1 Introduction Moore performed the proof of an external world, known as “Moore’s proof,” in his 1939 lecture “Proof of an External World.” The opening of Moore’s lecture quotes Kant’s problem of an external world where the Critique of Pure Reason famously declares lack of a solution to Kant
Part I Dogmatism, Conservativism, and the Mainstream Debate 1. Moore’s Proof There is something intellectually unsatisfying about G.E. Moore’s ( 1959 ) proof of the external world. However, it is not especially obvious just what it is about the Proof that fails to satisfy. No one outside
Two major arguments have been advanced for the claim that there is a transmission failure in G.E. Moore’s famous proof of an external world. The first argument, due to Crispin Wright, is based on an epistemological doctrine now known as ‘conservatism’. Proponents of the second argument, like Nicholas Silins, invoke probabilistic considerations, most important among them Bayes’ theorem. The aim of this essay is to defend Moore’s proof against these two arguments. It is shown, first, that Wright’s argument founders because one of its premises, viz., conservatism, invites scepticism and must therefore be rejected. Then the probabilistic argument is challenged, not because its formal part is dubious, but rather on the grounds that it incorporates an unconvincing philosophical claim as an implicit premise. Finally, the two most promising objections to dogmatism—the negation of conservatism—are repudiated.
Philip Atkins and Ian Nance
have explored the possibility that CA is question-begging , the possibility that CA exhibits transmission failure , and the possibility that CA is structurally inefficient . Interestingly, perhaps, each of these has been proposed as the correct classification of Moore’s Proof (MP), which is one of
Suppose one has a visual experience as of having hands, and then reasons as follows: (MOORE) (1) I have hands, (2) If I have hands an external world exists; (3) An external world exists. Suppose one’s visual experience gives one defeasible perceptual warrant, or justification, to believe (1) – that is, one’s experience makes it epistemically appropriate to believe (1). And suppose one comes to believe (1) on the basis of this visual experience. The conditional premise (2) is knowable a priori. And (3) can be established by modus ponens inference. If one reasons thus, say one’s engaged in (MOORE)-reasoning. What, if anything, is wrong with (MOORE)-reasoning? I consider two prominent responses to this question – the dogmatists’ and Crispin Wright’s. Each finds fault in (MOORE)-reasoning, but on different grounds. I argue Wright’s response faces a problem which is standardly only taken to be faced by dogmatists.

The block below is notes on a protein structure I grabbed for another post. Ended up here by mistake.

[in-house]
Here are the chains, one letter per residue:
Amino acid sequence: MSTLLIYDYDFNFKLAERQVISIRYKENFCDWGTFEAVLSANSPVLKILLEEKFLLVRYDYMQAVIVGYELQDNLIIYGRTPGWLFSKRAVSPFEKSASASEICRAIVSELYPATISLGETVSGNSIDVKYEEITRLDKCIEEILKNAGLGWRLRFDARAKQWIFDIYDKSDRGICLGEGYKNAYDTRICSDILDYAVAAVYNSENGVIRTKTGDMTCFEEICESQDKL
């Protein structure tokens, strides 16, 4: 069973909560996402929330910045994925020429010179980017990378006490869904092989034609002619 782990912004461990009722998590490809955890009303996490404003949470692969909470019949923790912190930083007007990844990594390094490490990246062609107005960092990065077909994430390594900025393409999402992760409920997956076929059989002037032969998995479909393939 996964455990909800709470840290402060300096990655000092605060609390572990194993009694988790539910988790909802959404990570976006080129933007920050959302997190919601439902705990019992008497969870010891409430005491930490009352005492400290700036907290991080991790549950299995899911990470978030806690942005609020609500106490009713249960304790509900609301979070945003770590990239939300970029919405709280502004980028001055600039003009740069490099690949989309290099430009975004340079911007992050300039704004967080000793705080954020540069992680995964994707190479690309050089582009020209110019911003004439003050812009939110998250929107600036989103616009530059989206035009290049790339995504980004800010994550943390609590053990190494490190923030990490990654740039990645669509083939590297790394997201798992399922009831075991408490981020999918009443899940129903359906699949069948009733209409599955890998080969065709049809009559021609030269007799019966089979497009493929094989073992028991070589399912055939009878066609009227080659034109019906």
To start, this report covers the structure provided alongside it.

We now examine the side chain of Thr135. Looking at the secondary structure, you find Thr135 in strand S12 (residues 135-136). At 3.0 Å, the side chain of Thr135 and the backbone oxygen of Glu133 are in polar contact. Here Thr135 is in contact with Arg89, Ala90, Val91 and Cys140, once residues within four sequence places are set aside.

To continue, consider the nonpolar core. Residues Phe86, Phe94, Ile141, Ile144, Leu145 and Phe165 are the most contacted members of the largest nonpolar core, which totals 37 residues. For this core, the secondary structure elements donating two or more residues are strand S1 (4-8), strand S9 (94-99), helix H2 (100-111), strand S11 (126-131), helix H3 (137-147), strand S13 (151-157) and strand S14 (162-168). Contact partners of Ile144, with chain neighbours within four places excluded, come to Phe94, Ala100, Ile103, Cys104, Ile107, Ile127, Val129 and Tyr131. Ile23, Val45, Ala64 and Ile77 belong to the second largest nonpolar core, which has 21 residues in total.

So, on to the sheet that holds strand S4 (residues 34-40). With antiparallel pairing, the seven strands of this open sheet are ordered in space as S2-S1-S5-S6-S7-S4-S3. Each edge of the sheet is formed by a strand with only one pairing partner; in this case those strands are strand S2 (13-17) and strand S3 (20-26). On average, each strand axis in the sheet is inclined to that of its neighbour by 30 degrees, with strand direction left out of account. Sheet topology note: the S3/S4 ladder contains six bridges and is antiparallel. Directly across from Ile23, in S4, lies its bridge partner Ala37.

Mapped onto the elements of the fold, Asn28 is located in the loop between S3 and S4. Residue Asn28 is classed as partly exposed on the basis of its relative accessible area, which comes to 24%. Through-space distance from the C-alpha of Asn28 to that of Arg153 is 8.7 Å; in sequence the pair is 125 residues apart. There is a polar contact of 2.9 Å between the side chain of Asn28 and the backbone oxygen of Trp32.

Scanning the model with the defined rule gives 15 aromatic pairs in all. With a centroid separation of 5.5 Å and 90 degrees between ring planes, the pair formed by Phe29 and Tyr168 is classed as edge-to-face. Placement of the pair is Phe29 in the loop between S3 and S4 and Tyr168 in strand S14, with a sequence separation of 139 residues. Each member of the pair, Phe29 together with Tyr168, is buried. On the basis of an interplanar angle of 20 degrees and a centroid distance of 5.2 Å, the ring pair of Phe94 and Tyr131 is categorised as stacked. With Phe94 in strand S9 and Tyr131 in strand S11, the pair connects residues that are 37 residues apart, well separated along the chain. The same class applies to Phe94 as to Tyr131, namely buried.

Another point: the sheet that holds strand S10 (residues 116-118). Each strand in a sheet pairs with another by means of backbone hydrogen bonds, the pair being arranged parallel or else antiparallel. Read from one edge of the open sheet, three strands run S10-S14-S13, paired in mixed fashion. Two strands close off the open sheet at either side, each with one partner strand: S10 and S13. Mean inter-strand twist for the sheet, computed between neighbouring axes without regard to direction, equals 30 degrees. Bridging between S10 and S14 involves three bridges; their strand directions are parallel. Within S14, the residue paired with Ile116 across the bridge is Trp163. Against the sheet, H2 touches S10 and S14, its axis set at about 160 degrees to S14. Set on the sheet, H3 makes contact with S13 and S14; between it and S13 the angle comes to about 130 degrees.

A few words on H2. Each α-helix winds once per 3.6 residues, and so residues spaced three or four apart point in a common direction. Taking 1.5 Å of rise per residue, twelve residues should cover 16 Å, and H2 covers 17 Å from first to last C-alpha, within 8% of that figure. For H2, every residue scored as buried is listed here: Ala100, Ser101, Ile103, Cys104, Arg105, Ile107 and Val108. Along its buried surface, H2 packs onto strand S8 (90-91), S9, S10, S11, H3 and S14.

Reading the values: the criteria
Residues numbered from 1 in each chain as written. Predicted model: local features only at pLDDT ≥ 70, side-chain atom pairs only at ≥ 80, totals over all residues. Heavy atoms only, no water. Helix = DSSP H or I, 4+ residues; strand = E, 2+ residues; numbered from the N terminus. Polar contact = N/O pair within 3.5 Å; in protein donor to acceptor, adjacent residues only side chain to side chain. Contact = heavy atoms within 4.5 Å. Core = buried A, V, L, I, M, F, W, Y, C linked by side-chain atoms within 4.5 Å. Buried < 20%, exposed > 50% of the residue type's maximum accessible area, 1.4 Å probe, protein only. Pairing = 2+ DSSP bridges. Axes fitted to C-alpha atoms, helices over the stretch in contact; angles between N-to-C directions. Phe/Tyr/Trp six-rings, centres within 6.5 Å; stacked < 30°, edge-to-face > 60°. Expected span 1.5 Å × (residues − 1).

Keren Gorodeisky and Kelly Dean Jolley
had a similar effect, first for Clarke, and now for his readers: what we first guessed as points in Moore, we now know stars. Clarke named those stars in the paper he wrote. But while Clarke (1972) starts with Moore, Moore’s Proof (Moore 1993c) starts with Kant. Is there a sort of transitivity
Here I cast some doubt on Professor Coliva’s interpretive claim that Moore’s “Proof of an external world” is addressed to idealism, not skepticism, and explore the consequences for our understanding of the final paragraphs of the paper. In response to Professor Leite, I examine the disagreement between us on whether the global skeptical hypotheses can be refuted by ordinary evidence. Finally, after analyzing the logic of the skeptical argumentation, I attempt an answer to Professor Stroud’s question about the staying power of the representative theory of perception.
Articles M ark M c B ride The Dogmatists and Wright on Moore’s “Proof” 1 F rank B arel Perceptual Entitlement, Reliabilism, and Scepticism 21 J ohn T urri Pyrrhonian Skepticism Meets Speech-Act Theory 83 J ill R usin Characterizing Skepticism’s Import 99 A dam C arter
Duncan Pritchard and Diego Machuca
reviews by Stéphane Marchand and Vicente Raga examine books on ancient and early modern skepticism. Forthcoming issues will include articles on Moore’s proof of the existence of the external world, Boghossian’s refutation of relativism, whether speech- act theory can refute Pyrrhonian skepticism, and
) cannot be rationally deployed to settle the question in favour of (3). Thus no warrant for, and so no knowledge of, (3) is acquired by (EK)-reasoning within the S-project. 11 Davies offers a like diagnosis of reasoning with G.E. Moore’s “Proof” of (knowledge of) the existence of an external world. 12